March Muay Thai
By Liz Gerrity
Caesar was told to beware the Ides of March, but unlike Caesar, Easton Fight Team is too busy beating people up to beware anything. On the 18th, the team sent a small group of fighters with head coach Tony Cummings and coach Dan Wilson to The Training Camp in Lakewood, CO for its inaugural smoker. Though Chris Davidoff was the only student to be matched up, he performed well against an aggressive brawler, putting on a technical display, and utilizing his round kicks and teeps to negate a punch-heavy fighter.
On the same day, Coach Wes Argrow headed to the Grizzly Rose with coaches Sean Madden and Kevin Paynter for a kickboxing match against Ludwig Martial Arts fighter Alix Fisher. Though Fisher showed a lot of heart and grit, Wes utilized fluid movement, devastating round kicks, and a far superior clinch game to impose his will over all three rounds. Being Wes’ roommate, I forced him to give me an exclusive interview for this newsletter by standing outside his door and banging on it until he came out to talk to me.
LIZ: This fight was your first after your 6-week stay in Thailand. How do you feel that trip affected how you fought against Fisher?
WES: The training in Thailand was some of the most intense I have ever experienced. Being there helped me learn to push the pace more, and training with experienced fighters helped reveal more of my true potential. It revealed what I can really do.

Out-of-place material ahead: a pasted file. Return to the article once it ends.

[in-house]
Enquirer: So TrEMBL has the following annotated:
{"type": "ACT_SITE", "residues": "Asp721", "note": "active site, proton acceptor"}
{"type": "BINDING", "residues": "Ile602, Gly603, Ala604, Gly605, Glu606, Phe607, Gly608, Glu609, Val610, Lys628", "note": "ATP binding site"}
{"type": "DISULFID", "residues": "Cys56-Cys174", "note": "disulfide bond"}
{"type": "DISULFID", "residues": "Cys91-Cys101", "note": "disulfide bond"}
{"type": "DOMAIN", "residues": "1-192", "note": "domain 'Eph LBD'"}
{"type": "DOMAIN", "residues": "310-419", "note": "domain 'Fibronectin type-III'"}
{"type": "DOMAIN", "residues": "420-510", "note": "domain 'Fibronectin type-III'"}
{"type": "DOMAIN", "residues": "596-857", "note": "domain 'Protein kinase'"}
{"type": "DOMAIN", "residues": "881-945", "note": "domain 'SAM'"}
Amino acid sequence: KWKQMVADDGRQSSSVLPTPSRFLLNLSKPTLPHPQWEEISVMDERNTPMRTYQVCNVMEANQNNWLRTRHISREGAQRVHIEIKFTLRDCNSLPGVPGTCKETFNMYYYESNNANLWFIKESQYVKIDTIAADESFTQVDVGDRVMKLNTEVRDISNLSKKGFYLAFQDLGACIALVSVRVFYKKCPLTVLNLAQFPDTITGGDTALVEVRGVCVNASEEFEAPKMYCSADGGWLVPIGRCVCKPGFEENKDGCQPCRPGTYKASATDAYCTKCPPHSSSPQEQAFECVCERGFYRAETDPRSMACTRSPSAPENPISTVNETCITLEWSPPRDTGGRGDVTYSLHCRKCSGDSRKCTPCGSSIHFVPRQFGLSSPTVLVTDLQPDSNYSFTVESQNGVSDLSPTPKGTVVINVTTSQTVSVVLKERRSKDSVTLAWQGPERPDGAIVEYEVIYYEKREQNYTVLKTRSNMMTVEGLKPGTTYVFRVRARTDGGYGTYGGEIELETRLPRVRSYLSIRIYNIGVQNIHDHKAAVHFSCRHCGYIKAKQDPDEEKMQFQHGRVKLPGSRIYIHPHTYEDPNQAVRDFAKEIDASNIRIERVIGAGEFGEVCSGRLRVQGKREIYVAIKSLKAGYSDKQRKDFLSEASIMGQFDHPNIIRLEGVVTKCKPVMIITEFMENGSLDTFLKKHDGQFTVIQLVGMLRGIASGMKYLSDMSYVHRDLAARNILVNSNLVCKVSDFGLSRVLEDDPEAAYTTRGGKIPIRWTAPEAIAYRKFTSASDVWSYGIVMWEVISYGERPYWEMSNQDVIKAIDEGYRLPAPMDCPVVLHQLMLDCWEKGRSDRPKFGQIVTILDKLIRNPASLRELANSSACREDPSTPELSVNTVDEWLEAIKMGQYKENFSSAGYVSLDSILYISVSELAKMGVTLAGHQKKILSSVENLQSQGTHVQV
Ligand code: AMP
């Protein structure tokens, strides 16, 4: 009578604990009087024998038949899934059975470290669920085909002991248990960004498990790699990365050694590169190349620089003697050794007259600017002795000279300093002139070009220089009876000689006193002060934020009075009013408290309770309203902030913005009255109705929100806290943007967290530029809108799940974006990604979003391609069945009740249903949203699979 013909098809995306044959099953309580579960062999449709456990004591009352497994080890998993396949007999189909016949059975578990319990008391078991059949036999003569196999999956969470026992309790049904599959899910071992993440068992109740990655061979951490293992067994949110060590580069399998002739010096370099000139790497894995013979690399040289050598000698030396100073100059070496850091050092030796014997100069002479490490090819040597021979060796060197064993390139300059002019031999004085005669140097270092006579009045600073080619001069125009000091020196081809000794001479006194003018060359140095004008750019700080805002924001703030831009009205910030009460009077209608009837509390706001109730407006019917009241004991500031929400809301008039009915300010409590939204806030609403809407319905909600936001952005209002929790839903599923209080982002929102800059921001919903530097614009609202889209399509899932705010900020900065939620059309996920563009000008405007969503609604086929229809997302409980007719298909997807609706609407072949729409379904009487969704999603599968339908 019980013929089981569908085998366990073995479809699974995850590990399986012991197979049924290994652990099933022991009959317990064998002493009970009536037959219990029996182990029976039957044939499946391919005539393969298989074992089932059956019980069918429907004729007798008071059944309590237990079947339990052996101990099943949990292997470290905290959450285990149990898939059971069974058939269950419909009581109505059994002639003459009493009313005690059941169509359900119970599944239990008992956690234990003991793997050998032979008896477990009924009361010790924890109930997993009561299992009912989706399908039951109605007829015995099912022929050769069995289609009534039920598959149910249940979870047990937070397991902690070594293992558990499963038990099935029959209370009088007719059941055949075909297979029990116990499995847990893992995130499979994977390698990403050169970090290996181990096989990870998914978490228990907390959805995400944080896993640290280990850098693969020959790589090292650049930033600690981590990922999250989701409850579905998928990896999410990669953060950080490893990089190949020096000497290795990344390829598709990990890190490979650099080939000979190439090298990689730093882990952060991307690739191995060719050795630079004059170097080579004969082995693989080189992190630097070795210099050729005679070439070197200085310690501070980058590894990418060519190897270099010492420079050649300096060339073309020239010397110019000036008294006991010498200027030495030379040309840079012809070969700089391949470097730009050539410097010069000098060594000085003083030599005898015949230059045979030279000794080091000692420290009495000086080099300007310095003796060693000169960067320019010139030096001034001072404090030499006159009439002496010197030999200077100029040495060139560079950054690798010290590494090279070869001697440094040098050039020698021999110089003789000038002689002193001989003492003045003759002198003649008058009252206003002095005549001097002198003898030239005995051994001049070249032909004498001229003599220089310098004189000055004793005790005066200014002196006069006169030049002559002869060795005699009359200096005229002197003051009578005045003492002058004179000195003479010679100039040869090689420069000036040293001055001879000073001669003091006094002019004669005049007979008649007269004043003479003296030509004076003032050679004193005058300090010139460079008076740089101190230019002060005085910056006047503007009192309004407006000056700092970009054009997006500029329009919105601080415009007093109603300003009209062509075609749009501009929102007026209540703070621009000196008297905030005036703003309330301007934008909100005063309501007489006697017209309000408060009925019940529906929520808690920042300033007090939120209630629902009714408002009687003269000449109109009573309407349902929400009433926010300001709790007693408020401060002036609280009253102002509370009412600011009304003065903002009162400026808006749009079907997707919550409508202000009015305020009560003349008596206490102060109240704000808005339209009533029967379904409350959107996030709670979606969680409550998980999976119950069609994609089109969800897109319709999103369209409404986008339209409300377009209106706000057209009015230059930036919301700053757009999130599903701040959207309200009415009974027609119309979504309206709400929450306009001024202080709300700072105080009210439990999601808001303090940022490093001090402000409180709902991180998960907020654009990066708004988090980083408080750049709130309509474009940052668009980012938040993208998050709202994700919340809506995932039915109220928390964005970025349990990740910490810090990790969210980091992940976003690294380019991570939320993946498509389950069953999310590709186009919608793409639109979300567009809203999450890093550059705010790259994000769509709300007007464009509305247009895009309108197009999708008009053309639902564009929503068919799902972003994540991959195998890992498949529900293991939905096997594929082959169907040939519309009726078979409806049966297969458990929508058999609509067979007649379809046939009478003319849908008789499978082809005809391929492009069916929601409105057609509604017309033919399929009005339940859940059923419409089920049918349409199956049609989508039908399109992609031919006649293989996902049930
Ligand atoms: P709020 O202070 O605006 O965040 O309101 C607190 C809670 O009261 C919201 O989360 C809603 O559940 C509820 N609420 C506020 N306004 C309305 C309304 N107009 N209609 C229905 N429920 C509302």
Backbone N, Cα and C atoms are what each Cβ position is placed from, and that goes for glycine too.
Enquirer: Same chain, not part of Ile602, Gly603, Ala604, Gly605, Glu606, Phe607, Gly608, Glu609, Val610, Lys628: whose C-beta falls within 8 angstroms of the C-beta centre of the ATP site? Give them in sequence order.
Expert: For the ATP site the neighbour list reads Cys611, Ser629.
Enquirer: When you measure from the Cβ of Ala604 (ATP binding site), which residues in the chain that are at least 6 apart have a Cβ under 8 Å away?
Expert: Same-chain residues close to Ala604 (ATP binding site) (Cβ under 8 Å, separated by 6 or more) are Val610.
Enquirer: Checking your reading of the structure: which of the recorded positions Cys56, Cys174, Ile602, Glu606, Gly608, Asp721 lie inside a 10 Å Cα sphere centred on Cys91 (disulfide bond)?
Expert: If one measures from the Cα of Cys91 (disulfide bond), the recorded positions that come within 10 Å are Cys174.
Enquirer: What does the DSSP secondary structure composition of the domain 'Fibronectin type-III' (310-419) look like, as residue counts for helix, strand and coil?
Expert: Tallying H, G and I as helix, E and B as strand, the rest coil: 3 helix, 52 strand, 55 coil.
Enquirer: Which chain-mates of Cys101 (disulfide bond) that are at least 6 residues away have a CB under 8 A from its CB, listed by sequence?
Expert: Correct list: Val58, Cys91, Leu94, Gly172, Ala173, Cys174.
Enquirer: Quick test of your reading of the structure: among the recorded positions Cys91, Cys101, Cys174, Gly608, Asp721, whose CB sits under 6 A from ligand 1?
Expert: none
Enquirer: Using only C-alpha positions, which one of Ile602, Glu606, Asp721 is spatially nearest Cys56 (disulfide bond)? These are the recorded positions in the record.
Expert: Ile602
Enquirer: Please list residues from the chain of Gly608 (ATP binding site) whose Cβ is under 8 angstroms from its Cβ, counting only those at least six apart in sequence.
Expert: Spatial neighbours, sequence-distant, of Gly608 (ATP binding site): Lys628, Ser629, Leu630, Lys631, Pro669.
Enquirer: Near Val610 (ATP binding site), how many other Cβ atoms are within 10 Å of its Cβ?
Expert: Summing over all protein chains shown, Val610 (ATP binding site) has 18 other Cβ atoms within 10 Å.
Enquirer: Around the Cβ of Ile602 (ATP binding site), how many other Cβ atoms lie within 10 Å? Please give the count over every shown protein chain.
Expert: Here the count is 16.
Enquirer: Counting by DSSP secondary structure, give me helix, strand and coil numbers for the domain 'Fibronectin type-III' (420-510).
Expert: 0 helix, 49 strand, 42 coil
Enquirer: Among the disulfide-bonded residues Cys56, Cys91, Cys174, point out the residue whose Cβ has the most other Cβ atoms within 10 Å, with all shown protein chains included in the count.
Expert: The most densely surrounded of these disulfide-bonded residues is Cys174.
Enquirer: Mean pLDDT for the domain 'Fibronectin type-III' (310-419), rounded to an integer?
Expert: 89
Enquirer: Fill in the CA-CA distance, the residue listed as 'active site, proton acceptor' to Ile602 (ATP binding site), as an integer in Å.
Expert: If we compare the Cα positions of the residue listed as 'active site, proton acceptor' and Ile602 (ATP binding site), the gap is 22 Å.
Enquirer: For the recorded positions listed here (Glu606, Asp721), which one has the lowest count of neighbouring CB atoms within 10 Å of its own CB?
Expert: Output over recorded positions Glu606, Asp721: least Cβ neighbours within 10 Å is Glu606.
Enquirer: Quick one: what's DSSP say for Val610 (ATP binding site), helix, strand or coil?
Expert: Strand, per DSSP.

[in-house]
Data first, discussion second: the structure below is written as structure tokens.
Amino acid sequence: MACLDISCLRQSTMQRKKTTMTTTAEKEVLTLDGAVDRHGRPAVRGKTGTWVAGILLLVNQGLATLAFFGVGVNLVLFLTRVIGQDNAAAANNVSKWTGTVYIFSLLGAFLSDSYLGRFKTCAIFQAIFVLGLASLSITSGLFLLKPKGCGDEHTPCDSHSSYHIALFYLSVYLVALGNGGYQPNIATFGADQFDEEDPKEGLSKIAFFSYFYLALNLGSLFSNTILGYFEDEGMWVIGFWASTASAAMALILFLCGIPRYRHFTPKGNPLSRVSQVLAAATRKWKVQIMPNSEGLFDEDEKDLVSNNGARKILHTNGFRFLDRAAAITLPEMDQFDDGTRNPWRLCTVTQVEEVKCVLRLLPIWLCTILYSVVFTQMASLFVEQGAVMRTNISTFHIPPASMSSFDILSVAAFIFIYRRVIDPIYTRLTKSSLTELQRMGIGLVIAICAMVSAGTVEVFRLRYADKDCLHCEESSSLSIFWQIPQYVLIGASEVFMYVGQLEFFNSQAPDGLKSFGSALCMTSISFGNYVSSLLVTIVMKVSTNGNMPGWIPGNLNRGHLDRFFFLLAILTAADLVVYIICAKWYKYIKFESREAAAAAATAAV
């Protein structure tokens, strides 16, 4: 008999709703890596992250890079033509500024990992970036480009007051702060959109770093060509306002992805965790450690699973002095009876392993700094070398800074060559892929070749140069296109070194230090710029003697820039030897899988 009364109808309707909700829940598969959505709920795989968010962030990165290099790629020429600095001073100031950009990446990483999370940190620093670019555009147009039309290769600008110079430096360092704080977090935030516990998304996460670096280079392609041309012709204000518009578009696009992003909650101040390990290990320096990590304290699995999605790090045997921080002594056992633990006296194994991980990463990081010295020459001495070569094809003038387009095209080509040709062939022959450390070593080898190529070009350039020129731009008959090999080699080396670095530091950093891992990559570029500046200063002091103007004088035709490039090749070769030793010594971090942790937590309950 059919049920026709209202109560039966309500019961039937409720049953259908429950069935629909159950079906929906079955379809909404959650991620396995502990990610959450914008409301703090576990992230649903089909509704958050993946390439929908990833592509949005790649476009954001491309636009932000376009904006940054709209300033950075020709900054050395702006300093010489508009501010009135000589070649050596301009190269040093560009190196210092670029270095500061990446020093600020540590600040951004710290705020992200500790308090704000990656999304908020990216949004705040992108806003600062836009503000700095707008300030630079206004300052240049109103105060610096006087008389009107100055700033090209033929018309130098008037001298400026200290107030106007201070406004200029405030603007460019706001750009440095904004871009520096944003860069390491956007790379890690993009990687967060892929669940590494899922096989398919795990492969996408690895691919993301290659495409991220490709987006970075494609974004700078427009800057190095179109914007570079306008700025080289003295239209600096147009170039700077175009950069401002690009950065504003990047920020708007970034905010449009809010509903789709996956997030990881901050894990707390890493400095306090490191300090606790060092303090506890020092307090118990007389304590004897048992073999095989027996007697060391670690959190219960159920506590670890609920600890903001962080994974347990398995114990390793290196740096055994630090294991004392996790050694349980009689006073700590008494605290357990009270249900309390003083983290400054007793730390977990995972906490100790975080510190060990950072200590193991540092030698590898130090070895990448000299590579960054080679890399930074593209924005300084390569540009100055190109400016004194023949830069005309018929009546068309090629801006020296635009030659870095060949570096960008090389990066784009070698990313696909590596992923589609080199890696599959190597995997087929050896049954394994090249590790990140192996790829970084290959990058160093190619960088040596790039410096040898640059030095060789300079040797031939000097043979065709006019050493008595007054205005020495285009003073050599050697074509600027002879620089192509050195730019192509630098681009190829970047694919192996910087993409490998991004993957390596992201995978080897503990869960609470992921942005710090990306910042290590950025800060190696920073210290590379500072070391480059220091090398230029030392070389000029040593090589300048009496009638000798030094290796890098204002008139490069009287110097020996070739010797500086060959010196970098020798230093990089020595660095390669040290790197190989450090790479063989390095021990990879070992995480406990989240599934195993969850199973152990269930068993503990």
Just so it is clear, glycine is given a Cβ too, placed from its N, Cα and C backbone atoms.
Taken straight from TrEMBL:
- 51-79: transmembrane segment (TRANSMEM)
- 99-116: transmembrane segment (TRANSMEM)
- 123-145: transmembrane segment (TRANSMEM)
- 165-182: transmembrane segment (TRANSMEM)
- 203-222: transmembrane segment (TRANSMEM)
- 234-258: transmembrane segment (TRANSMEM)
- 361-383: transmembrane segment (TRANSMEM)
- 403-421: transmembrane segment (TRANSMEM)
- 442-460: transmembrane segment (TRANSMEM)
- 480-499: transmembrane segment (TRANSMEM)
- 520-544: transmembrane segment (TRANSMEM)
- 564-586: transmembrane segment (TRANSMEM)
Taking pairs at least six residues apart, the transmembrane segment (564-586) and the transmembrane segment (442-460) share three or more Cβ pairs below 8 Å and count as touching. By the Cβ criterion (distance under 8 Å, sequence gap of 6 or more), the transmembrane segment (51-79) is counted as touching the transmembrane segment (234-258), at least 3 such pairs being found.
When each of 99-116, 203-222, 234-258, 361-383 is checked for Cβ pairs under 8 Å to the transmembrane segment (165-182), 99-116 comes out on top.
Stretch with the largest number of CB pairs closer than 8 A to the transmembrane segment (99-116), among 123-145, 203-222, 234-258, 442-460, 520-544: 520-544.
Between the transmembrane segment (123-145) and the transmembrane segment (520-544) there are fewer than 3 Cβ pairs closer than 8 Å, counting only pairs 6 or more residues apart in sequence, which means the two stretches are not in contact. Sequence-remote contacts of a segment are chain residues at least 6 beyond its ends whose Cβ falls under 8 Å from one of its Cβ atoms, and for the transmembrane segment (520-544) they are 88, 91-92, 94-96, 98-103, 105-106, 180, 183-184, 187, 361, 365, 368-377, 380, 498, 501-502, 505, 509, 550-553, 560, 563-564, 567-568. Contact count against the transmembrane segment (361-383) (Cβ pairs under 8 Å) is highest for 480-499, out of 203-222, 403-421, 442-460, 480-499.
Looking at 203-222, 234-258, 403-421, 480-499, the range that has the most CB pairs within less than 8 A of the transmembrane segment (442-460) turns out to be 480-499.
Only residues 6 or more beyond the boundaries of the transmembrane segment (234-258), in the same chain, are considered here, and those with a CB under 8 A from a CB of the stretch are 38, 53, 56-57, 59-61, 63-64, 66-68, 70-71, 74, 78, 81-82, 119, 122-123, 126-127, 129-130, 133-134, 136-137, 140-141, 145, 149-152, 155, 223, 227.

LIZ: Leading up to the fight, did you have any specific goals for how you wanted the fight to go? Do you look for the finish, or do you like to let the fight “play out” as it happens?
WES: Everyone goes into a fight wanting to finish their opponent—but I wanted to go in there and fight the way I fight. Regardless of whether I finish the fight, I want to fight my fight, my style. And I ended up with the victory.
LIZ: Your clinch was a really dominant part of the fight, and one that Fisher didn’t seem to have much of an answer for. Was that part of your plan going into this camp, to close the distance and get to the clinch, even though you were a much taller and longer fighter?
WES: Regardless of size, I don’t feel he had much of a plan for being in the clinch. In Thailand that’s a major part of training, and that part of my trip really benefitted me for this fight. At the end of the day clinch is a major part of Muay Thai, and if you don’t train it, you’re leaving yourself open with a weakness. I immediately spotted that weakness.
LIZ: Finally, what are your plans going forward? Are there any fights that you really want to take?
WES: There are rumors going around about a WBC title in Colorado, and that has definitely caught my attention. But any national or world title—I want to go for it. There is a lot on the schedule, but so far nothing is set in stone. But there are a lot of goals for this year.